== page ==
I’m looking forward to rest of this series – and love that you did this with Mark!

    • Hey, Evan –

      I think listening — really listening — is one of the most precious gifts we can give each other.

      Based upon our online interactions, I’m guessing that you are a tremendous and generous listener. I imagine you were very dedicated in fulfilling that woman’s request to the best of your ability. I imagine you provided a very safe a healing space for her.

      Thank you for being that kind of person . . .

      – Marie

  2. Thanks Marie, I hope I am that kind of person, at least sometimes.

  3. Hey Marie,

    I have felt bad for a while about the kindness you show in your comments on my blog and the fact that I haven’t even responded to you… I find it really difficult that people comment so kindly and lately, I find myself struggling for the energy to write.

    Thank you so so much for your understanding. I don’t really expect it so the fact that you seem to know, is really quite… well… I guess it’s quite amazing. I tend to be fairly disgusted with myself overall.

    Hope you’re well,

    WS

    • Hi, WS –

      I guess it is because I’ve been there . . . a lot. And, there have been people who reached out to me despite my not reaching back.

      I don’t think our purpose in life is always to not be in pain. I think our purpose is sometimes to learn to find value in the low times . . . to appreciate what comes with being in those places.

      I know that goes against common “wisdom” . . . but it allows us to to replace shame for being in a low place (society says only bad people allow themselves to be in low places for any amount of time) with gratitude for what lessons come from that place.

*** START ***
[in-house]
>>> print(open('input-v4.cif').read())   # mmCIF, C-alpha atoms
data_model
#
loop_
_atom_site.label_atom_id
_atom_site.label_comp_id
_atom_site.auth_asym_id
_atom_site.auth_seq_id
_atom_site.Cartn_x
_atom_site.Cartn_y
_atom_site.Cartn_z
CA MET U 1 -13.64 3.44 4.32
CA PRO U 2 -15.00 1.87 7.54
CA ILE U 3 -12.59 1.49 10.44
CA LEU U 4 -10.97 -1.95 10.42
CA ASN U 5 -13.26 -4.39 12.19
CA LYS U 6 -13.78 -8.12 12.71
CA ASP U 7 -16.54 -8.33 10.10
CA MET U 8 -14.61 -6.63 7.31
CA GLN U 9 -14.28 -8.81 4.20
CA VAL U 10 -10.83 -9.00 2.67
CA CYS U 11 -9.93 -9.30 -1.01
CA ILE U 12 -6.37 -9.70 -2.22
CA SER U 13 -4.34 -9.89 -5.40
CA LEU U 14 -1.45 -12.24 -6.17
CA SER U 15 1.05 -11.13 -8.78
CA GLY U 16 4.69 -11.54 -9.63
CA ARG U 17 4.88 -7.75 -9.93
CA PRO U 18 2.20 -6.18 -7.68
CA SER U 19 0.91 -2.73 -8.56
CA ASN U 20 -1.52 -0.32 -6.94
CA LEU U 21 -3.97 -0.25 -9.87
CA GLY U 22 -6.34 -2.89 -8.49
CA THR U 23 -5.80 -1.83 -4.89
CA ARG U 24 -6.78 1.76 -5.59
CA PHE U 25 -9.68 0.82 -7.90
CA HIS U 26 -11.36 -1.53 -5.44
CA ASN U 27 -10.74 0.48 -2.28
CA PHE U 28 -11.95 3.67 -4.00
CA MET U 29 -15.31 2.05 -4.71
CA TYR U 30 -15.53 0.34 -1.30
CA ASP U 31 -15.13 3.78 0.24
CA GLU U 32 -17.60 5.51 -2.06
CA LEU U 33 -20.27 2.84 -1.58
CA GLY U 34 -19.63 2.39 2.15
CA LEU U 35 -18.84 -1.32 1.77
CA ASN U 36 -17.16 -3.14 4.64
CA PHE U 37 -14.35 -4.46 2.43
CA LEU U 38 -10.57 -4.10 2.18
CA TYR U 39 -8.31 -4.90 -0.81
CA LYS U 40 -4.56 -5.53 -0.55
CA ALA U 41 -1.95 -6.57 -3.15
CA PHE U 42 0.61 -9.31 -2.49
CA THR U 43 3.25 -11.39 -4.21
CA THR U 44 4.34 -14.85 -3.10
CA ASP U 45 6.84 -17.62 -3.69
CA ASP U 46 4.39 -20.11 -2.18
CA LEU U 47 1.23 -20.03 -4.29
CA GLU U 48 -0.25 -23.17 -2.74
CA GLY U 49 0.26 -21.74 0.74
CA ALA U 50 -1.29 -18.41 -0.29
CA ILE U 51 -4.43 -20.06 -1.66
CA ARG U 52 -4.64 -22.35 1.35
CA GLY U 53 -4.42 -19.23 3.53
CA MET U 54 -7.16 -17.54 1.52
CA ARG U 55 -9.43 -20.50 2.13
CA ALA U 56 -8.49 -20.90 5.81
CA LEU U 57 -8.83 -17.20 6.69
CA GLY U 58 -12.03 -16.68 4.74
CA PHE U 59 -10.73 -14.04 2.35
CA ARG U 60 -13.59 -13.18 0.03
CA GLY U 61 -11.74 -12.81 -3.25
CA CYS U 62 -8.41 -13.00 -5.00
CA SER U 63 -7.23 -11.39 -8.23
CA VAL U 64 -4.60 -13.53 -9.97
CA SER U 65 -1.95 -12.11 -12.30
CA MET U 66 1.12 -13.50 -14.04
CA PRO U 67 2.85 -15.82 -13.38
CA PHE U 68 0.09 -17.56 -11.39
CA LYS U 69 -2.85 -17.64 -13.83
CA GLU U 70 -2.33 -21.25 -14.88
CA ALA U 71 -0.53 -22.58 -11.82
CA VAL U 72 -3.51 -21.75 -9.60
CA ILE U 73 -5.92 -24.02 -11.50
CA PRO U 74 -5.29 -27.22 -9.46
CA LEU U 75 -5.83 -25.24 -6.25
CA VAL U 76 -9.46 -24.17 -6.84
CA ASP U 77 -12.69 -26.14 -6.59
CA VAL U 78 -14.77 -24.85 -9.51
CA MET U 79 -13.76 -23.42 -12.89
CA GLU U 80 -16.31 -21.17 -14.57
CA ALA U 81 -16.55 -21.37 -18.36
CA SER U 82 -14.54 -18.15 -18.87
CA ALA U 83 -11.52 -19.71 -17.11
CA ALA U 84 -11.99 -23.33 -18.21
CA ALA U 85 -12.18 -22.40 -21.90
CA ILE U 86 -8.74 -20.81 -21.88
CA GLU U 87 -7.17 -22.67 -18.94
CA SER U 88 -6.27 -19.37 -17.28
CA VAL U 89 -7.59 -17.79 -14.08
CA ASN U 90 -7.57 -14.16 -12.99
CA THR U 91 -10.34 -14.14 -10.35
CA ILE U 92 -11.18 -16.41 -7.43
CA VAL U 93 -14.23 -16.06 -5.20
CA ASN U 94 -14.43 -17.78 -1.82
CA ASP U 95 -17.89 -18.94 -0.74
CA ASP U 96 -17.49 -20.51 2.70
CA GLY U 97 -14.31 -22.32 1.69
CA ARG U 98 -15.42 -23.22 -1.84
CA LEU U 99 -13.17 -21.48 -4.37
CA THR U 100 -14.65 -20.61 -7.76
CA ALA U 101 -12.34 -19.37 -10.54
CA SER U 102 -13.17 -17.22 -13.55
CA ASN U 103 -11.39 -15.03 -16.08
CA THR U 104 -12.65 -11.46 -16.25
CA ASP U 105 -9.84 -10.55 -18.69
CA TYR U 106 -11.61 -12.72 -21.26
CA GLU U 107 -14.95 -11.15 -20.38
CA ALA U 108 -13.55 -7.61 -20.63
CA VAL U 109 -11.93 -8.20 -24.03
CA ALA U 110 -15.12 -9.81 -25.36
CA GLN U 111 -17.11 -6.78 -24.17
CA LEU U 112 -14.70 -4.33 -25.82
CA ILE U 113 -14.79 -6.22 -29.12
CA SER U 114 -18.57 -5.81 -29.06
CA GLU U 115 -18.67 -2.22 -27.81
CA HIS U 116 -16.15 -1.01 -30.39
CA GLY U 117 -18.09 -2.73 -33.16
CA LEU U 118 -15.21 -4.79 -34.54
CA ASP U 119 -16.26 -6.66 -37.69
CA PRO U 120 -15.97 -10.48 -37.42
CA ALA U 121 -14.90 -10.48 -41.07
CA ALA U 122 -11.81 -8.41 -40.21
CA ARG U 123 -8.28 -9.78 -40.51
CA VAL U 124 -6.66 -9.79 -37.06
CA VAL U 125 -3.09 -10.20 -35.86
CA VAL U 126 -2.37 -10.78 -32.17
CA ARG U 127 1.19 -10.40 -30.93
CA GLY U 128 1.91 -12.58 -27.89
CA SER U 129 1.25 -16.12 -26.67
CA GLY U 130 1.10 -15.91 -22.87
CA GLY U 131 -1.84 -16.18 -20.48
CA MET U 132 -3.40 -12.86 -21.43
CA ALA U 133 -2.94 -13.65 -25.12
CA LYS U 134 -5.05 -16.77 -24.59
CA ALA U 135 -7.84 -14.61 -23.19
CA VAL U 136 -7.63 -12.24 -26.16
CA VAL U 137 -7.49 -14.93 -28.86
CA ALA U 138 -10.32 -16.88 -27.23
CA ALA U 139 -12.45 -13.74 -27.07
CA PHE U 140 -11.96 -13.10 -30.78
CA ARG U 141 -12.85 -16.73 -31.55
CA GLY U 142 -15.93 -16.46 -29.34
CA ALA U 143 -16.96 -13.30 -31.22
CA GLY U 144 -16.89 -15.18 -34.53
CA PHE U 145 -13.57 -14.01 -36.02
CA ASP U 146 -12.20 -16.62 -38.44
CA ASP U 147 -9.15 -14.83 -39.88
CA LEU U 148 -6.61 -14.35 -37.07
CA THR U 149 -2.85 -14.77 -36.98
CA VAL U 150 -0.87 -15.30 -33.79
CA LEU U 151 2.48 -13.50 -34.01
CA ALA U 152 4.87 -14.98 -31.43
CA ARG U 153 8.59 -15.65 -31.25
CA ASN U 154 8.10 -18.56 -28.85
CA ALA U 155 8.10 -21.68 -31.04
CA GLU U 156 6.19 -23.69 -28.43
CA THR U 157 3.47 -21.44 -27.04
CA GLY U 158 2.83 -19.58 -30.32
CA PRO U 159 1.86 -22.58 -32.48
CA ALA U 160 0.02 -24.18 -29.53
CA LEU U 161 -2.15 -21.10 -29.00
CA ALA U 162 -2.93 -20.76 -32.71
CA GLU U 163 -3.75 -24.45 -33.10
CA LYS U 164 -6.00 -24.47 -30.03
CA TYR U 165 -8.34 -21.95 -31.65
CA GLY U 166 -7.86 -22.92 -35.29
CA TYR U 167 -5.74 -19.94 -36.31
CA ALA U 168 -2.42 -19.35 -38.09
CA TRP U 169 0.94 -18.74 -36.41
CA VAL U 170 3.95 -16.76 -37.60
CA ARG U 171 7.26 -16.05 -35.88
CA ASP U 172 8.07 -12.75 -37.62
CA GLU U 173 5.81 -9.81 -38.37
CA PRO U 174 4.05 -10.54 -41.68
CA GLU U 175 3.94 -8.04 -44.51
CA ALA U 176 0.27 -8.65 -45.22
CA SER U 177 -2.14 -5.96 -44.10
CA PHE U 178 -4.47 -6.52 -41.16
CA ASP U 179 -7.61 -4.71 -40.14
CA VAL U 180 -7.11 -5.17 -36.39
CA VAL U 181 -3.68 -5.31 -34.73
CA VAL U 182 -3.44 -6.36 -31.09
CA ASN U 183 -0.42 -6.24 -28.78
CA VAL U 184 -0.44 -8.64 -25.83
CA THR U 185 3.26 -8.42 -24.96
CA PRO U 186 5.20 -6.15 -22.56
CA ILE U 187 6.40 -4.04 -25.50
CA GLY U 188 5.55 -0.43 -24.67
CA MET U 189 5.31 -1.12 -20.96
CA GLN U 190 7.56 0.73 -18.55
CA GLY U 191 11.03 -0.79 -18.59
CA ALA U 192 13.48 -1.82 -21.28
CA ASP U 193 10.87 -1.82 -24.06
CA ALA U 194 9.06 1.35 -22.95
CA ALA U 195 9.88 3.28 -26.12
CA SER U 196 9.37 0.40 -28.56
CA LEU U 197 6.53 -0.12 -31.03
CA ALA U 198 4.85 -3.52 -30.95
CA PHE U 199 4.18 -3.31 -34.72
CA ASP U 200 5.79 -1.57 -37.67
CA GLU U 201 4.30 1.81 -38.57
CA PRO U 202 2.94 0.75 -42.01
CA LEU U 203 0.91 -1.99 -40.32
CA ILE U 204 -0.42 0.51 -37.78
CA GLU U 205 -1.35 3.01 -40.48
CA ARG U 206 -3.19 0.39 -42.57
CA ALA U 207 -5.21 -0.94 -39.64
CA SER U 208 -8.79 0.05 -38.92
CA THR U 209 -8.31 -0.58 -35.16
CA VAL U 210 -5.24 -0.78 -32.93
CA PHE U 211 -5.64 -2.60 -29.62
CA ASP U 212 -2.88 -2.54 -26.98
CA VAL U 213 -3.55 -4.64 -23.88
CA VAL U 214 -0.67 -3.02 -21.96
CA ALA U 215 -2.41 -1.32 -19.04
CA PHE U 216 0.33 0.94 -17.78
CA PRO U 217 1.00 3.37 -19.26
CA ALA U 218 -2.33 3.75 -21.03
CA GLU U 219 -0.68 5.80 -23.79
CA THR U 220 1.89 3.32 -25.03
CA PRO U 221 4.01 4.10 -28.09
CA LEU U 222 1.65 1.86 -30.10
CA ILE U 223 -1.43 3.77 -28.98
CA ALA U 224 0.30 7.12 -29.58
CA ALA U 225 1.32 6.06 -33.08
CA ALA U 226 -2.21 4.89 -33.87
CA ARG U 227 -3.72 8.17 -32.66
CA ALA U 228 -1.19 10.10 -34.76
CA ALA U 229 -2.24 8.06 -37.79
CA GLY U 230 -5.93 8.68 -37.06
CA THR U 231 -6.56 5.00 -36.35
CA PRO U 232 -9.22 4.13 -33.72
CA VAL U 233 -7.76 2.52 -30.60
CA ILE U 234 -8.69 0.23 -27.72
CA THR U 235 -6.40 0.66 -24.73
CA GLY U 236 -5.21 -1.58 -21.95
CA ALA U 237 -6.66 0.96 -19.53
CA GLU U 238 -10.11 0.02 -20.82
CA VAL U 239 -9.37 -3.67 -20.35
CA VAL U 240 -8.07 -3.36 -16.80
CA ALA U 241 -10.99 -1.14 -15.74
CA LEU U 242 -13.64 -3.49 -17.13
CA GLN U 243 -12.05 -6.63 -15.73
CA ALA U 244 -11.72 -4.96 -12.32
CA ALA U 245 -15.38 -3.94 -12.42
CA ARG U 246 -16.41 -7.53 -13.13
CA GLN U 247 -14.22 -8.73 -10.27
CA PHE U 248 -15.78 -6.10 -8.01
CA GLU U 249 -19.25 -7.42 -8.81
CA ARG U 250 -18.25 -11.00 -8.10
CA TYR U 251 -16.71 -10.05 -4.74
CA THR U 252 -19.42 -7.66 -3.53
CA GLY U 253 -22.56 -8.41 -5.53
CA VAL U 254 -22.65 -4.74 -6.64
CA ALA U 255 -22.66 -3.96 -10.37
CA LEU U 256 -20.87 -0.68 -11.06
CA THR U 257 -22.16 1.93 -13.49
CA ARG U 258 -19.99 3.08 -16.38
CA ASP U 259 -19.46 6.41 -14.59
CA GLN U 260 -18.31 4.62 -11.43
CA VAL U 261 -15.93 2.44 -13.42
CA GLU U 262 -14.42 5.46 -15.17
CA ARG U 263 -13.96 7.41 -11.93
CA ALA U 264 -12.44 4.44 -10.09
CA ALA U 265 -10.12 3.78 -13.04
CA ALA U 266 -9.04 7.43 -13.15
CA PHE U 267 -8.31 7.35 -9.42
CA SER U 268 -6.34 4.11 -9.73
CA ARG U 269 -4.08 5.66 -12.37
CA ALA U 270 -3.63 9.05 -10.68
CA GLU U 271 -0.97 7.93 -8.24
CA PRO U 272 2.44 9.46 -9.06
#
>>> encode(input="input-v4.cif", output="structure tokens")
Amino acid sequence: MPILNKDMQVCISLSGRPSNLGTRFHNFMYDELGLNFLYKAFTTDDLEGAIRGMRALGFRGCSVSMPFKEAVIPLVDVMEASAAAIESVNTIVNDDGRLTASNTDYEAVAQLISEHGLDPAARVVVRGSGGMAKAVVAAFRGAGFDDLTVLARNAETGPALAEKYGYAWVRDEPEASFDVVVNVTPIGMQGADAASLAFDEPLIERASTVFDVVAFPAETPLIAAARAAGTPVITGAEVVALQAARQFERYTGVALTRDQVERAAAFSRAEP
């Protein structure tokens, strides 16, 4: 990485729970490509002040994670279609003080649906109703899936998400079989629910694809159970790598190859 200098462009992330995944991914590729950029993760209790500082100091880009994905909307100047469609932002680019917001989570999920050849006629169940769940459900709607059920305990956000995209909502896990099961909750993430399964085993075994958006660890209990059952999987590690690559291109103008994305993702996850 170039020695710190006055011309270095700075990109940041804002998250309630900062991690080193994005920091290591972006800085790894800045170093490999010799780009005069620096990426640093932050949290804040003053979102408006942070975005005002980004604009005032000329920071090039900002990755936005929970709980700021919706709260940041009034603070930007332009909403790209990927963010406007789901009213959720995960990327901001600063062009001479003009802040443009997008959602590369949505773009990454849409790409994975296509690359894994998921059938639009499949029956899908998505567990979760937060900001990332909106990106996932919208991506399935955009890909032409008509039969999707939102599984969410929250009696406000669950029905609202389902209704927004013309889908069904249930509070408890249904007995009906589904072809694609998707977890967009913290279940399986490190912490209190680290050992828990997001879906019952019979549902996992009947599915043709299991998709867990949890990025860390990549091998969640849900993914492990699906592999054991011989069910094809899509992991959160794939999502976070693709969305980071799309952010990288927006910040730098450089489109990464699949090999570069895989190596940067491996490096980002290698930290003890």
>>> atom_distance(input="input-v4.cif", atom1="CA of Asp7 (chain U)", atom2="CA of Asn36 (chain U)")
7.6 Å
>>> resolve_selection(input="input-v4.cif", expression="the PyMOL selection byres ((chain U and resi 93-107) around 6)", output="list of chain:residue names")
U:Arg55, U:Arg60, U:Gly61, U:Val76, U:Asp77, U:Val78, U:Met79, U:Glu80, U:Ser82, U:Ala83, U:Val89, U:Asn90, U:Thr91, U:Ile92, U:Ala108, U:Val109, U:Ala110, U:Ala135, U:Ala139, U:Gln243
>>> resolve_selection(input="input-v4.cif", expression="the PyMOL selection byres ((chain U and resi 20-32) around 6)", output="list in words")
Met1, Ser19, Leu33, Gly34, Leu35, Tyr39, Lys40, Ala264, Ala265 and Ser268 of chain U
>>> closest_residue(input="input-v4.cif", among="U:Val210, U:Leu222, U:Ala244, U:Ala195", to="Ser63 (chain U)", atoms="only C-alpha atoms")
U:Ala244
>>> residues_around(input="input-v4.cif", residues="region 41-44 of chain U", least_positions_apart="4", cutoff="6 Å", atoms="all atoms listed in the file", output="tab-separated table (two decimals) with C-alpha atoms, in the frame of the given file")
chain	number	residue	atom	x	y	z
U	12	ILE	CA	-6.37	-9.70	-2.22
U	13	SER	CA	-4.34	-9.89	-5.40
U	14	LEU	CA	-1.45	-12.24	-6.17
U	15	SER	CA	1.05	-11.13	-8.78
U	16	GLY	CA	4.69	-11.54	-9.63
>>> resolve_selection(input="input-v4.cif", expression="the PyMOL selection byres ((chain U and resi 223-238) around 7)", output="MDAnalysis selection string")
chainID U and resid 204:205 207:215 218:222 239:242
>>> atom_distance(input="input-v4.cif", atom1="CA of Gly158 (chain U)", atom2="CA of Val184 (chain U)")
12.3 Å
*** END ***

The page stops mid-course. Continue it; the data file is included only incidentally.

My thoughts are with you.

      – Marie

  4. Hi Marie, this is truly a deep and revealing post. Fascinating insight into what is going on in the mind of a client, especially since I’m in study to become a therapist myself. I have been in the client’s seat before but the issues I had was a bit different. I really look forward to reading more, and thank you for sharing this.

    • Hi, Albert –

      Thank you for your kind words . . .

      It would be an honor for me if you were able to gain insight here that would help you be a better therapist!

      – Marie

  5. My first response to this (& I guess the feeling is still lingering inside me) – is why would you have to go to so much effort to explain what I perceive to be the obvious to a therapist? I think that sucks really.

    But I think it shows just how much emotional maturity & insight you have into your own healing & recovery process.

    Should you really have to teach your therapist to listen to you? That just bothers me so much.

    I do gain much insight from your writings … Thank you!

    • Hi, stacedee –

      You ask very good questions . . . this therapeutic relationship was anything but normal . . . I had such a difficult time with him that I left the relationship once. But then, I came back because I wanted to figure out why I keep creating this same dynamic in all my relationships with men.

      Because he is a therapist and because he felt obligated to stick with me and to keep working with me, I figured I’d have a good chance of figuring it out. I knew it would have to be something I figured out on my own because he was too deep into his role to help me . . . but, at least he kept showing up and kept talking to me about his experience which was a huge help.

      So . . . that’s what’s behind all this . . .

      – Marie

      • I applaud you!

        Stacy

  6. I don’t think I have words to respond to your understanding..
    I find that a lot.

    You are right about society… and most of the time, I’m very scared that they are right.

    Thank you.